Arians unwavering in support of RB Mendenhall

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TEMPE, Ariz. (AP) -- Despite the emergence of dynamic rookie running back Andre Ellington, Arizona Cardinals coach Bruce Arians is unwavering in his support for Rashard Mendenhall as his starter.

"As we go into games, as games unfold, different things happen," Arians said this week, "but the plan won't change."

Although he has 51 fewer carries than Mendenhall, Ellington is the team's leading rusher with 388 yards in 54 attempts, an average of 7.2 yards per carry. Mendenhall, who has been bothered by a toe injury much of the season, has 323 yards in 105 carries for an average of 3.1 yards per attempt.

Ellington has an 80-yard touchdown run; Mendenhall's long gain for the season is 12 yards. But there's also the issue of what fans don't tend to see, such as pass blocking and veteran leadership.

Still, fans, radio talk show hosts and newspaper columnists have zeroed in on Mendenhall of late.

"That's fine," Arians said. "Rashard can handle it; I can handle it."

Mendenhall, in his sixth NFL season, said the criticism doesn't bother him.

"I've been around for so long, I've been through so much stuff, that's not really my focus," he said after Thursday's practice. "I kind of keep things on the outside on the outside and focus on my work and my business and improving in that."

Arians was offensive coordinator for four of Mendenhall's five seasons with the Pittsburgh Steelers. When Arians came to Arizona this season and the roster was overhauled, the Cardinals signed the free agent Mendenhall to a one-year contract.

Most of his runs have come on the inside, where yards have been hard to come by. Ellington, a sixth-round draft pick from Clemson who didn't have a carry in the season opener, has the speed to take things outside. In his 80-yard touchdown run two games ago against Atlanta, Ellington bounced to the outside and then raced to the end zone.

Arians has said that Ellington, at 5-foot-9 and 199 pounds, doesn't have the body to take the pounding of an every-down back. Ellington, though, said he could handle more carries.

"Of course, man," he said. "It comes with the week of preparation and practice. If I carry the load in the game, I'll be fine."

He shrugs off suggestions that he's not big enough for a larger work load.

"That's their opinion," Ellington said. "I made it this far being the size that I am, why can't I go further? I don't have that doubt in my mind. My mentality is to go out there and be effective in everything I do."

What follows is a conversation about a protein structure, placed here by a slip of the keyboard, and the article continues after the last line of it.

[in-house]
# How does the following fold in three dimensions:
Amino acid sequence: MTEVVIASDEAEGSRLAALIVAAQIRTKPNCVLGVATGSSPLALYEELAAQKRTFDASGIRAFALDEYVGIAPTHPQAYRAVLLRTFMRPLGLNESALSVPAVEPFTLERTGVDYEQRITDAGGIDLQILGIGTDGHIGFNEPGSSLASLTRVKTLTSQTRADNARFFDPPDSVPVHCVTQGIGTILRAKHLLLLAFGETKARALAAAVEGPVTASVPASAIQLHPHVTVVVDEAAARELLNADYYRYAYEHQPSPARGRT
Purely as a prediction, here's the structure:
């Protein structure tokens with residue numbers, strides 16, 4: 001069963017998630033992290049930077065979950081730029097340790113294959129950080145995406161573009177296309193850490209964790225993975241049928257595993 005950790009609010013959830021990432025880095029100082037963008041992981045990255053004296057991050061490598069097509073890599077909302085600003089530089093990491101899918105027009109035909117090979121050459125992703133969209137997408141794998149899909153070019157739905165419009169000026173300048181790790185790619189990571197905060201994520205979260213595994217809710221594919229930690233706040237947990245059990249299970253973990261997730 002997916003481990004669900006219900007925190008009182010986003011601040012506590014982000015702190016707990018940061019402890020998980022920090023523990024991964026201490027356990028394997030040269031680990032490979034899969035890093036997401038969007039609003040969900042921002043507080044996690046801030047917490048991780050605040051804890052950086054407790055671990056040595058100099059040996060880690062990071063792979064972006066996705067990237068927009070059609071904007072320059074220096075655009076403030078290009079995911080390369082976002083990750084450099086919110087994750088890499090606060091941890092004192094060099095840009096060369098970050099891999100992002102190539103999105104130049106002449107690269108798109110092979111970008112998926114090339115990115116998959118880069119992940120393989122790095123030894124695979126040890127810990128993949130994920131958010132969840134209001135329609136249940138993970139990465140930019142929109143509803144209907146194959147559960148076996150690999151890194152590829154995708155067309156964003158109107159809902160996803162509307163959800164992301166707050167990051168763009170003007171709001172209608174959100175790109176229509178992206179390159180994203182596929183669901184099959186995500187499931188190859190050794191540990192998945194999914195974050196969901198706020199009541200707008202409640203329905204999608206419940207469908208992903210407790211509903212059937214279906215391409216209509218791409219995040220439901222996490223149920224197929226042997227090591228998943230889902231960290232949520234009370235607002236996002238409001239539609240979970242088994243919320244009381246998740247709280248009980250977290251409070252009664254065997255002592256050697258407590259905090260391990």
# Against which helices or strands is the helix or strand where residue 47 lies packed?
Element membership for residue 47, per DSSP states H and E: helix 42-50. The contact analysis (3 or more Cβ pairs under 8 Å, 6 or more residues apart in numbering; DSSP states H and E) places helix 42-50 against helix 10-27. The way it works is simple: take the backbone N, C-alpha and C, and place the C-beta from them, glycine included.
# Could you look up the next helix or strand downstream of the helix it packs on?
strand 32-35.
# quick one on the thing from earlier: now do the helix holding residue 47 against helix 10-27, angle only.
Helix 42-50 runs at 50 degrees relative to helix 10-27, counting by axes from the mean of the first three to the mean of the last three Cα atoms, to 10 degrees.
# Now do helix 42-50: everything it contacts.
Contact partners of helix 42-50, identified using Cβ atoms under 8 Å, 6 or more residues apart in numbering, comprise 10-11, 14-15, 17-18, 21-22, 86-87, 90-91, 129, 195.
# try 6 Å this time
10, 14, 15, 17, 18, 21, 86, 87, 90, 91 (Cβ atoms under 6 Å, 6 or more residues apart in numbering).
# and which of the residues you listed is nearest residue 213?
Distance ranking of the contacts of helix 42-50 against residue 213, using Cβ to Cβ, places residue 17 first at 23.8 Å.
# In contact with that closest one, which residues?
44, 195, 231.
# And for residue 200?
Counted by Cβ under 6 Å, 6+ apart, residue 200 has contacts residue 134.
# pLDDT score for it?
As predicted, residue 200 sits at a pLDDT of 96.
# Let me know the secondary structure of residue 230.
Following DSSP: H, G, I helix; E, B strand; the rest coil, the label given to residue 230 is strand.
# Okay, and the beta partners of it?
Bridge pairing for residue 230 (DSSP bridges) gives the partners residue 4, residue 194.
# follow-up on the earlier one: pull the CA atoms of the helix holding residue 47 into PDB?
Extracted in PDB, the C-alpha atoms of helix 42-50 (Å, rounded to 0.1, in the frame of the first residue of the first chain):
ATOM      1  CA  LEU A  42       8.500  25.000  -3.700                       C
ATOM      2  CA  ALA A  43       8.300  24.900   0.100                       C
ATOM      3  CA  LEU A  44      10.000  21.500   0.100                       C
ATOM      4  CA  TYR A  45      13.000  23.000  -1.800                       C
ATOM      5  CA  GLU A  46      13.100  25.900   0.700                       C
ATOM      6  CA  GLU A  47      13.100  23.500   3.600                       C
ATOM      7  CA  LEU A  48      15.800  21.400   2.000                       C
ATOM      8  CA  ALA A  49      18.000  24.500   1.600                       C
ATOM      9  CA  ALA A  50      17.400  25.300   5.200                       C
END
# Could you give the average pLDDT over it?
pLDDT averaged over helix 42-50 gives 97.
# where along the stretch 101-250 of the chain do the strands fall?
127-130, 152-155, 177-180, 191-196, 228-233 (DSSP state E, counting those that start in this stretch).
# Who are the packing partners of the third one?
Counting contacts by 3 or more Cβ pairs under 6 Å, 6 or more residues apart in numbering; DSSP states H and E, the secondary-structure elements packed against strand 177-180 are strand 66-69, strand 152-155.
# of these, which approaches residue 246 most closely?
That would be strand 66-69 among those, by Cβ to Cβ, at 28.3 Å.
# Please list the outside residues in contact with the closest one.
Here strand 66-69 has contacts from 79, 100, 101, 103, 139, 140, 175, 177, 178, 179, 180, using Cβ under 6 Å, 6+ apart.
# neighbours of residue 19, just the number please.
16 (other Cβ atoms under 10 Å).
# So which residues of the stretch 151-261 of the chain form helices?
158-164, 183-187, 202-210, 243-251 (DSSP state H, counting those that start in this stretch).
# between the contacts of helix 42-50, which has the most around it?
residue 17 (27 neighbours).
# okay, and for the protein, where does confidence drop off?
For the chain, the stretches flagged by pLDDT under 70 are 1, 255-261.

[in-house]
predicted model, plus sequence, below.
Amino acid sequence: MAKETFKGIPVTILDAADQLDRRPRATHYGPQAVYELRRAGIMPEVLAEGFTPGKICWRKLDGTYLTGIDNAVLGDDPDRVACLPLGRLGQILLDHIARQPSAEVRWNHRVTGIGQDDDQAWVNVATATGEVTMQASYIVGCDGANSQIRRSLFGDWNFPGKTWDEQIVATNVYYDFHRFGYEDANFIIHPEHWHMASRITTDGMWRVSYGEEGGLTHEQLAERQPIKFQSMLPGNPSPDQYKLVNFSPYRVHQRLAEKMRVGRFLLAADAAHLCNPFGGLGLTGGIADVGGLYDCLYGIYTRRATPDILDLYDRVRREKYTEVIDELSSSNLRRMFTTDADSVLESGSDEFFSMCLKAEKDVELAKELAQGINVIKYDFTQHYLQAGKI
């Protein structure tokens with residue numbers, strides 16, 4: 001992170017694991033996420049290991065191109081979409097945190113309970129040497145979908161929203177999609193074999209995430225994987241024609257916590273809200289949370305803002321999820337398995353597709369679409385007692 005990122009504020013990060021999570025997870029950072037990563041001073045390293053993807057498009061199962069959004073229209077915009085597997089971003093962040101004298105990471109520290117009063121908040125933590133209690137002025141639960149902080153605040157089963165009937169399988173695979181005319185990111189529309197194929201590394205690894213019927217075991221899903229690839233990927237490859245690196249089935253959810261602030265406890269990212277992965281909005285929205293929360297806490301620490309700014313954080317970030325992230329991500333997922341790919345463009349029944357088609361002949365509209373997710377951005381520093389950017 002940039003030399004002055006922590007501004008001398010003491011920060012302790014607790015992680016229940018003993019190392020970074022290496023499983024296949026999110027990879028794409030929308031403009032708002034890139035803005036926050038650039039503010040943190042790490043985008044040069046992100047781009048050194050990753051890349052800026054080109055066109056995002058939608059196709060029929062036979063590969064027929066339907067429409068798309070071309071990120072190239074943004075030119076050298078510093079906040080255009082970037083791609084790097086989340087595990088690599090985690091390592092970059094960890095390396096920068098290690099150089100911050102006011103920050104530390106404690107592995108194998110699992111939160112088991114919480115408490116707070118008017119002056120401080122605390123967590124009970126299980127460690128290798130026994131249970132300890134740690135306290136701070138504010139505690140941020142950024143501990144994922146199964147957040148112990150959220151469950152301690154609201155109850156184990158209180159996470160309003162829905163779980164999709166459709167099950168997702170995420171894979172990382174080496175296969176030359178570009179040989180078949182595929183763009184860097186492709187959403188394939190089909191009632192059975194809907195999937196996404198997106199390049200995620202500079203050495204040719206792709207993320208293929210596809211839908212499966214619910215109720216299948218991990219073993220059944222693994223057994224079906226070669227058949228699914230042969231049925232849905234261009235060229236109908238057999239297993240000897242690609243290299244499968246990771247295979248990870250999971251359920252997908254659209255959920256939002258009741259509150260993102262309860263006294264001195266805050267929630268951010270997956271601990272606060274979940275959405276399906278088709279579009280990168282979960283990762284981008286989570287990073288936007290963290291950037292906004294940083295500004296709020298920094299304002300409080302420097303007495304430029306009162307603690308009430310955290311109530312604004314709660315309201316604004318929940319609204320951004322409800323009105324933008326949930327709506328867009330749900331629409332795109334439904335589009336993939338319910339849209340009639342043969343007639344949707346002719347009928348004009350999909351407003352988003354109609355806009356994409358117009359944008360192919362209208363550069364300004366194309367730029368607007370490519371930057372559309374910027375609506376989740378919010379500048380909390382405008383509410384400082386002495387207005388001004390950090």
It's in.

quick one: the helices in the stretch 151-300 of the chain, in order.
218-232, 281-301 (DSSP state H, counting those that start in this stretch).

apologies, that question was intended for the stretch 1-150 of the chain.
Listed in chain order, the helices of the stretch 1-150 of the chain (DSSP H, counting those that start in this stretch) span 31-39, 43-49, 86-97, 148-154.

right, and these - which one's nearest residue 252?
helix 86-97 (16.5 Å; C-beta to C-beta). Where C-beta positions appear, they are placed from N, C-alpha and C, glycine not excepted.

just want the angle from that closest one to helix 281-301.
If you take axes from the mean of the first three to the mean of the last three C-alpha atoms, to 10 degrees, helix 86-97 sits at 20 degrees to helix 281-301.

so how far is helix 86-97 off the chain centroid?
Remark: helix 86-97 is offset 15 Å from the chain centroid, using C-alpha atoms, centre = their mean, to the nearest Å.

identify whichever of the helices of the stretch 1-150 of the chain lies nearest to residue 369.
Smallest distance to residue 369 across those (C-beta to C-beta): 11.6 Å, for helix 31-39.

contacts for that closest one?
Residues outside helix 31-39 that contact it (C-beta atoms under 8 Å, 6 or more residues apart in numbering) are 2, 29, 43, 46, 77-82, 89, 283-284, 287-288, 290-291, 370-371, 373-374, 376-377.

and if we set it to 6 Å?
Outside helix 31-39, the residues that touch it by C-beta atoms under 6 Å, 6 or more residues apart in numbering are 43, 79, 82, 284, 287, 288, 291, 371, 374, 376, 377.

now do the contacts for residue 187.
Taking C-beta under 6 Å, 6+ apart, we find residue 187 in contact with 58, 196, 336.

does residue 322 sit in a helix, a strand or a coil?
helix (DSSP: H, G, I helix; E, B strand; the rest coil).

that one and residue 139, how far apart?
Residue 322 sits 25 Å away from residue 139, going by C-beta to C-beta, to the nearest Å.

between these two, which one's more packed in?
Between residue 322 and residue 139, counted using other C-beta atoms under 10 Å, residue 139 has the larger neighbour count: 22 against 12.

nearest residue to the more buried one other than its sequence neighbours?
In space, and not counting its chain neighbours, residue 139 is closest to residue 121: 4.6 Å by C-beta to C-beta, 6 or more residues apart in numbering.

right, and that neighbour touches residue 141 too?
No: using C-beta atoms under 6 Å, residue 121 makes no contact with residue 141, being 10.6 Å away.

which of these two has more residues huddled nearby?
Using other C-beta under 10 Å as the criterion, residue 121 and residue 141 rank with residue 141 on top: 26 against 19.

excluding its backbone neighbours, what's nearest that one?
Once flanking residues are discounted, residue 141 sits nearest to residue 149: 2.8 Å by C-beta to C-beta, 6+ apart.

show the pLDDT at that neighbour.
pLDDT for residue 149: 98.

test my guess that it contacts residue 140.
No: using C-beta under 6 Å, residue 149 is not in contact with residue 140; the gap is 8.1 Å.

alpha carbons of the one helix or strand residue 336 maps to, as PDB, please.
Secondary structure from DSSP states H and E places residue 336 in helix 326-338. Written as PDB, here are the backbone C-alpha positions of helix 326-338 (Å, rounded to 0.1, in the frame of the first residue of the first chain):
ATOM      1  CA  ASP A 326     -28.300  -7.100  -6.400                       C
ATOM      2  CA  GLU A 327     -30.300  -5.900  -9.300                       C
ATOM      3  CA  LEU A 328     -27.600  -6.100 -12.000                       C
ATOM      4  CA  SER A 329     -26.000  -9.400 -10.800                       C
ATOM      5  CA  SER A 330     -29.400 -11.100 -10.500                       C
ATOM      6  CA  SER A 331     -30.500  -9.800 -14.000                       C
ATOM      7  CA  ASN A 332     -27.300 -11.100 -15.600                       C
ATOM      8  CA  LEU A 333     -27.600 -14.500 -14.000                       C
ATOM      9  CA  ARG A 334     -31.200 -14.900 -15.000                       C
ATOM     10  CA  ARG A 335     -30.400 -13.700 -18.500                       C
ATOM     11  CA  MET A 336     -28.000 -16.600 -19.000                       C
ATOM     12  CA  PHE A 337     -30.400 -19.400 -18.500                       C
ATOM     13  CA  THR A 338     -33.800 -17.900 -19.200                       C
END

Arizona's best running game came against Atlanta, when Mendenhall was out with his toe problem.

The team rushed for 201 yards with Ellington getting 154 of them on a season-high 15 carries. Another rookie, Stepfan Taylor, took over Mendenhall's power back role and gained 38 yards in 14 attempts.

Ellington has had more rushing yards than Mendenhall in four of the last five games in which both have played, despite fewer attempts. Ellington also has 24 catches for 216 yards, Mendenhall 11 for 75 yards.

Offensive coordinator Harold Goodwin noted that, counting the pre-season, Ellington has played the equivalent of a full college season. But Ellington said he is far from worn out.

"Not at all, man," he said. "`I feel like they take pretty good care of us out there on the practice field so that when we get to the game we are ready to play."

Asked what fans may not know about Mendenhall, Arians pointed to what happens during the week leading up to games.

"They don't sit in the room with those younger players," Arians said. "If you really want to know what Rashard is giving the room, ask (running backs coach) Stump (Mitchell). Having been a veteran player in that room, he knows what that brings."

In last Sunday's 27-24 victory over Houston, Mendenhall had 42 yards in 13 carries, including some crucial runs in the second half.

"To be real, I feel like I've been playing really well week in and week out," he said. "Visually, there was a little more out there run-wise. We did a good job blocking. It was visually clear it was a better game. But me, I continue to build clearly to build on what I've been doing all year."

Against the Texans, Mendenhall fumbled the ball away late at Arizona's 5-yard line. It was a play that Arians thought should have been blown dead long before J.J. Watt stripped the ball from Mendenhall's hands.

Arians said there's plenty of room for both running backs.

"The number of carries, a lot depends on how the flow of the game is going," he said. "If one of them gets the hot hand, you're going to ride him a bit more."


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